It's tough being consistent and rise above the room vibe. Of course, we powered through the show and we'll live to gig another day.
Tony, a friend of mine who's been playing professionally for 50 years now just told me a story the other day where as a rookie, he played at a festival where one of the most famous guitar players at the time was the main act. Coincidentally he runs into him and the guy takes him aside and of course is totally freaking out with stage fright but the other guy tells him: you will play horribly, you'll make every single mistake you never thought you'd make and your sound is off and your fingers will feel like cheese sticks but remember, you came here to play for the crowd and you give them all your love and they will love you back for it.

I know it is hard to play against a stale crowd but just take one person who digs the music and play for him or her and things won't feel so bad anymore and you'll rise up.
 

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It happens to the some of the best of them. You set the bar high and even the worst can be ok.
One thing you learn as you get older is how unimportant what we do is in the major scheme of things. Thankfully we’re not having off days of performing brain surgery.
I try to always think of what a privilege it is to play music. Even gigs I’d really rather not do I try to enjoy playing.
I got to experience hearing a lot of great players when I lived in NYC perform numerous times. The level was so high that even nights they may have thought were off you’d never know. That’s the ideal. Even your worst is still good in comparison.
I saw an interesting story about treatment of addiction and depression with psilocybin on 60 minutes. I wondered how that may affect the ruts and routine we get in from playing a long time.
 

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Distinguished SOTW Member, Forum Contributor 2012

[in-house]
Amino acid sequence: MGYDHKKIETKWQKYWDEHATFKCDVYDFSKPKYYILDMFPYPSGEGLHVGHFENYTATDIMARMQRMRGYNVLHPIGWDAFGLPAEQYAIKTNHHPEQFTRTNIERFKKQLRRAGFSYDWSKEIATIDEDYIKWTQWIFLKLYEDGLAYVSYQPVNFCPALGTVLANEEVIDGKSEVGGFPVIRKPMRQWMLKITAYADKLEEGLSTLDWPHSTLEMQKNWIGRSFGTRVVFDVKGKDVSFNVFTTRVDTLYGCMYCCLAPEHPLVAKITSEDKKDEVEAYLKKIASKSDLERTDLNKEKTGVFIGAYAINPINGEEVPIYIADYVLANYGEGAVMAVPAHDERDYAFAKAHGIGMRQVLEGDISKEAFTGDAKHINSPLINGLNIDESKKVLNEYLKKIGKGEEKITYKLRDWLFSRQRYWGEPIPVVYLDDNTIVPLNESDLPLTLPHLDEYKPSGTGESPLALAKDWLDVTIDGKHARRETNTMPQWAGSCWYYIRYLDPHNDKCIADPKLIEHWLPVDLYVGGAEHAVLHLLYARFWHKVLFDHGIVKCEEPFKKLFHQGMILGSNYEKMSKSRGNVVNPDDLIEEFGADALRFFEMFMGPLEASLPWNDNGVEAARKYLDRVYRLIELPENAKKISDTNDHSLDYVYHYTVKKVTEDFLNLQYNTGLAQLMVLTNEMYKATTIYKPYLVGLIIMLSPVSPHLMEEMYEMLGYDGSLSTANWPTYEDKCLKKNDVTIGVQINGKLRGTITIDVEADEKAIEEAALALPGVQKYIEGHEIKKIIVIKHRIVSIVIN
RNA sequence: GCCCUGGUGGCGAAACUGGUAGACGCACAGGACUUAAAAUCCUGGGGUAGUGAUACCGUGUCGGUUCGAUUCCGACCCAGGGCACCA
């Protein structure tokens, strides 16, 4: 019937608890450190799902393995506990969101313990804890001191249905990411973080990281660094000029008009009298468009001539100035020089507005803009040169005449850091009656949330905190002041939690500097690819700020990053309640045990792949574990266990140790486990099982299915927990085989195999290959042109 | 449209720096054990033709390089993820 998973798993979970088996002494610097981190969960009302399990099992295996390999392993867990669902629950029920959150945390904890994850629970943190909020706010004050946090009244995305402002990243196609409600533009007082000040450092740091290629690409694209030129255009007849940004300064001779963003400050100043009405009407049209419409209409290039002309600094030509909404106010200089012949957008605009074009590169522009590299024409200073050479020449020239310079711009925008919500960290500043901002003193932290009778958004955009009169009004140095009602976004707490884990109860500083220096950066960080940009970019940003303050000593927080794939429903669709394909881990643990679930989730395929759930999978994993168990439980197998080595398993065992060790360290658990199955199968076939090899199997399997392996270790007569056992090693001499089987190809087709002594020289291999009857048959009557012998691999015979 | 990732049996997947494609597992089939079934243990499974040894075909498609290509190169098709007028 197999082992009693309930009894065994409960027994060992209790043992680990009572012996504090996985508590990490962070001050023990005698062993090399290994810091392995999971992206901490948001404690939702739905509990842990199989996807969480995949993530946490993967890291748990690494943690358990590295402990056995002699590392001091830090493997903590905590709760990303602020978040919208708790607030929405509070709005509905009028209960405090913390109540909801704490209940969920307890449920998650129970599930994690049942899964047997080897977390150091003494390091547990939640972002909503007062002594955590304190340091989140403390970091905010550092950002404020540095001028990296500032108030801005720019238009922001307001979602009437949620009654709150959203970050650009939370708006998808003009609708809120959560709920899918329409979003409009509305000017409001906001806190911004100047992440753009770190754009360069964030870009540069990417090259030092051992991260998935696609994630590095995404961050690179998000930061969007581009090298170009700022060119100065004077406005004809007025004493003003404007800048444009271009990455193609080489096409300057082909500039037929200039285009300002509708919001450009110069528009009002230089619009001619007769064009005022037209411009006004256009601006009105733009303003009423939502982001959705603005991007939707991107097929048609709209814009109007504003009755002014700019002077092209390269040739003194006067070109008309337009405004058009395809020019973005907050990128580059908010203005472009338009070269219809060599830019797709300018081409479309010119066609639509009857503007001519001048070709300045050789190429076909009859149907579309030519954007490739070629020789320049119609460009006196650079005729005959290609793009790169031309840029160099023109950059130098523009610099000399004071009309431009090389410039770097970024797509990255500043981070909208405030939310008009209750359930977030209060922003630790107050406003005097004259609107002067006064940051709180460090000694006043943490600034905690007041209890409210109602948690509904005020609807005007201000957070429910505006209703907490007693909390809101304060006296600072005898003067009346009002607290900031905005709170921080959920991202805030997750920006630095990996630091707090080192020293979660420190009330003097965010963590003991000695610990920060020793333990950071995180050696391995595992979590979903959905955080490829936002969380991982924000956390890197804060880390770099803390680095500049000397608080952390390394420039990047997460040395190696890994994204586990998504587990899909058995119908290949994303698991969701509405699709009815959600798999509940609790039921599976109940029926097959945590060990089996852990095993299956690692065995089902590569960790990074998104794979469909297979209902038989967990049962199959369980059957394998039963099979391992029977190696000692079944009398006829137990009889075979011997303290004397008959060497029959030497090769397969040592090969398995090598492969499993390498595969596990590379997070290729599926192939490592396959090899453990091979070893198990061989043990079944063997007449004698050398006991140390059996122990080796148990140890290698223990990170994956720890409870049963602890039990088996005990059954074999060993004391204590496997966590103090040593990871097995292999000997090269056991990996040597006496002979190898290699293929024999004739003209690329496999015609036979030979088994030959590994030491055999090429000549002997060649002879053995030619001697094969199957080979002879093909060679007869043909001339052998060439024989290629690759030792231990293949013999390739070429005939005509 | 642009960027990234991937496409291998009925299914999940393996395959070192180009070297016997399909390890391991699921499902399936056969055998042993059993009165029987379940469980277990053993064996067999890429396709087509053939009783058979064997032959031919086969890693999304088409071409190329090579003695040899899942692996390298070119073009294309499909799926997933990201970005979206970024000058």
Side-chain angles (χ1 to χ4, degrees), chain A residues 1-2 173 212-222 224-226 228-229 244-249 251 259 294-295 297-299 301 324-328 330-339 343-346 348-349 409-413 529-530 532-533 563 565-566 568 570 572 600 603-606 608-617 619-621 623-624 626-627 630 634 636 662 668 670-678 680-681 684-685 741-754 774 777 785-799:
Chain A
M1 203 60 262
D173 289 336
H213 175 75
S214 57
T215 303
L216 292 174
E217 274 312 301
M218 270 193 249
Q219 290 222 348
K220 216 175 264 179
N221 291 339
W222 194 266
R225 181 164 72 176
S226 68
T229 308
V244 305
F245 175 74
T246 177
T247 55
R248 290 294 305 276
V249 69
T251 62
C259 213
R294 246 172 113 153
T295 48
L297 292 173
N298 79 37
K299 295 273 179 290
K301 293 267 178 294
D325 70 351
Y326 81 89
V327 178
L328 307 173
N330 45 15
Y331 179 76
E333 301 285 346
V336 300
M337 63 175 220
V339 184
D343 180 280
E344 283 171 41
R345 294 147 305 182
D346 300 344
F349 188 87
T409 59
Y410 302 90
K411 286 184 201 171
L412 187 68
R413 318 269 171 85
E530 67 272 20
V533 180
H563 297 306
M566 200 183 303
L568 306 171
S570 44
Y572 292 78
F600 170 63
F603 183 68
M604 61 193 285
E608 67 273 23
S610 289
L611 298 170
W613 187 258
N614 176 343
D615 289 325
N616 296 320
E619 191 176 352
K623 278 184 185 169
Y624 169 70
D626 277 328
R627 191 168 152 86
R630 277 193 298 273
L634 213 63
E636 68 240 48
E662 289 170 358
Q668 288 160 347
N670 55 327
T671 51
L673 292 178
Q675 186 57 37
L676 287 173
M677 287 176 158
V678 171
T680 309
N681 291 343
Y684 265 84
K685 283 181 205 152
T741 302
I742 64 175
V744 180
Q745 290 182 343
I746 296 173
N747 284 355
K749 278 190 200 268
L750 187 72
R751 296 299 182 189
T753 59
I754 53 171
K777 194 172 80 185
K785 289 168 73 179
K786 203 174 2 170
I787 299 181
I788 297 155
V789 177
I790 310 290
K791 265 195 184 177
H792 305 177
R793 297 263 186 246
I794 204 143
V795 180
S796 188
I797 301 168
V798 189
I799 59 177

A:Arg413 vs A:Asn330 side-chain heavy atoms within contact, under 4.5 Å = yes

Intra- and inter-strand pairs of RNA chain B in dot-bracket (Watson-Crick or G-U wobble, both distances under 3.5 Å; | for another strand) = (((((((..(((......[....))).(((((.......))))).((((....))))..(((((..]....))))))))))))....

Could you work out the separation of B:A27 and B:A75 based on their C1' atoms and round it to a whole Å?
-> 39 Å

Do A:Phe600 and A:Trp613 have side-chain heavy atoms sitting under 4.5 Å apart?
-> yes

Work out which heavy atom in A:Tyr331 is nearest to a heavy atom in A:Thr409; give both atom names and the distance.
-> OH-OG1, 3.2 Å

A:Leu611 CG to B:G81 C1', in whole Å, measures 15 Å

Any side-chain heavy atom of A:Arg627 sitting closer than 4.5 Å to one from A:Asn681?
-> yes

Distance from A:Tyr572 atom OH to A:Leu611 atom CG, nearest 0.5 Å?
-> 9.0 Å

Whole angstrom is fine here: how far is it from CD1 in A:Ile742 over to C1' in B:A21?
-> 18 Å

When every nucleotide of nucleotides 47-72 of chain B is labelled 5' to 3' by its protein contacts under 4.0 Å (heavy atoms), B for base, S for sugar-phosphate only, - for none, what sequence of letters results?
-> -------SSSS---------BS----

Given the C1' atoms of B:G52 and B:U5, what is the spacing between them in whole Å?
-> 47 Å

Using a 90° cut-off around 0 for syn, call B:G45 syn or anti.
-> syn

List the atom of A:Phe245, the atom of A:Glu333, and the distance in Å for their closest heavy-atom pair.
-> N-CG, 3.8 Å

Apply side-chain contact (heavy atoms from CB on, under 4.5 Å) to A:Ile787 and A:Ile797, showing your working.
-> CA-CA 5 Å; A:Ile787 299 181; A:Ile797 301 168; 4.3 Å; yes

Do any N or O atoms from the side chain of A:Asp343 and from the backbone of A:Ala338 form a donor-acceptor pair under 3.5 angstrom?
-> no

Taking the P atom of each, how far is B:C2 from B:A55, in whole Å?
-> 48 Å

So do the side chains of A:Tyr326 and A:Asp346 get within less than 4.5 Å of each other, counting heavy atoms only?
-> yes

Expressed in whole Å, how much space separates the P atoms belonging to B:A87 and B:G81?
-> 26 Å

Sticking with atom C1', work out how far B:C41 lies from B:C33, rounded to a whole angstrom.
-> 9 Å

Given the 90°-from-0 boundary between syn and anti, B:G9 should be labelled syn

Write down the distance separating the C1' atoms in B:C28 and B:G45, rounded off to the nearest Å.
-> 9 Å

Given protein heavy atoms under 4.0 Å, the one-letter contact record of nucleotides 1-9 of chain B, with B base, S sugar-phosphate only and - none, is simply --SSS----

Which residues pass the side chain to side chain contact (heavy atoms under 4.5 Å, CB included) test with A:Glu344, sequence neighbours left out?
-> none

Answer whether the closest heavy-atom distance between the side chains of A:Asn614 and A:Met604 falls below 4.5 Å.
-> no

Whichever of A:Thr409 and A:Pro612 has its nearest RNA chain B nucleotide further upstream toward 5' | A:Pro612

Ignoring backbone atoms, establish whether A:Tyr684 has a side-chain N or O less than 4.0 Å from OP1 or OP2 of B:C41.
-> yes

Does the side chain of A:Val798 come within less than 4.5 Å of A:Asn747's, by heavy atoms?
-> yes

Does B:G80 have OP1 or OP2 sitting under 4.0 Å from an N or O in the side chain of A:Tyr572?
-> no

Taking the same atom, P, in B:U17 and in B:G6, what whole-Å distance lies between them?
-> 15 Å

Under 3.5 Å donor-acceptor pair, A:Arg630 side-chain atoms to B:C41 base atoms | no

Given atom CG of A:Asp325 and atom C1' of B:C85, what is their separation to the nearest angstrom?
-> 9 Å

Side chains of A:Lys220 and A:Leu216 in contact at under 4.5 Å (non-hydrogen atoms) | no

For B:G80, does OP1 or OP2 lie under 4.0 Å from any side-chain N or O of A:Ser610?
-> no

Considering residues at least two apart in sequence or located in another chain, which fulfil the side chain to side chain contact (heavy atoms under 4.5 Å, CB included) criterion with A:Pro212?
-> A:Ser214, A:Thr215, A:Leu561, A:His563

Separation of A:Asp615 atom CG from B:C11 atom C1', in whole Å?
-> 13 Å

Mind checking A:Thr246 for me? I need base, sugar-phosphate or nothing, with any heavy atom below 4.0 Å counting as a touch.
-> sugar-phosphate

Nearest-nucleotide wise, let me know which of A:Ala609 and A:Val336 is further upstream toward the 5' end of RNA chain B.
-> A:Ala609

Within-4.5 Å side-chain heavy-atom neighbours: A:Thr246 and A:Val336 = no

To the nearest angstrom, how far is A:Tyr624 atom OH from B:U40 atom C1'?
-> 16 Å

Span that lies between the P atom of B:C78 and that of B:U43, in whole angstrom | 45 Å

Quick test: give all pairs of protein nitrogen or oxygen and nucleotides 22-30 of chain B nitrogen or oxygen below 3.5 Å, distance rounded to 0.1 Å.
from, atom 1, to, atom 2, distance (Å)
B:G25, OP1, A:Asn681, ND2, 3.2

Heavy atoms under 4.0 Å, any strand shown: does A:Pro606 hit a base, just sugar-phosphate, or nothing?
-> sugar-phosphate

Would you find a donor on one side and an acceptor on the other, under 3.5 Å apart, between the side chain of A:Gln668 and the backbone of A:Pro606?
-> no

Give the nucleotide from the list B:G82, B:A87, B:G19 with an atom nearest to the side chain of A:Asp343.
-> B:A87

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An appreciative audience creates a marvelous experience, for sure.

On those nights where that boost in confidence is absent, our band looked at it early as a paid practice and another opportunity to dig in for ourselves as one,
at times creating some special moments.

As a result, we had some of our best gigs in near empty rooms.


Micky Hart, Grateful Dead drummer, in his book, Drumming At The Edge Of Magic, said in his book, that the band would huddle in a circle before each gig, and in unison of thought be ready in their playing throughout the show, for moments of magic to arrive, to ride it, and be open to take it wherever it goes.

As an ideal, I am preaching to the choir here for sure, still, good to have in the front of one's mind as a tool to stave off distraction.
 

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A few thoughts--Sometimes we can be so hard on ourselves. Over the years I would sometimes come home from a gig, a little frustrated over how things went. My wife would sometimes ask, "was it anything that anyone else would notice?" Sometimes it helps to try to tweak one's perspective.

I try to remember the words that the great Daniel Bonade said to the legendary Robert Marcellus when he was hired as principal clarinet in the Cleveland Orchestra. "Just try to keep a good average".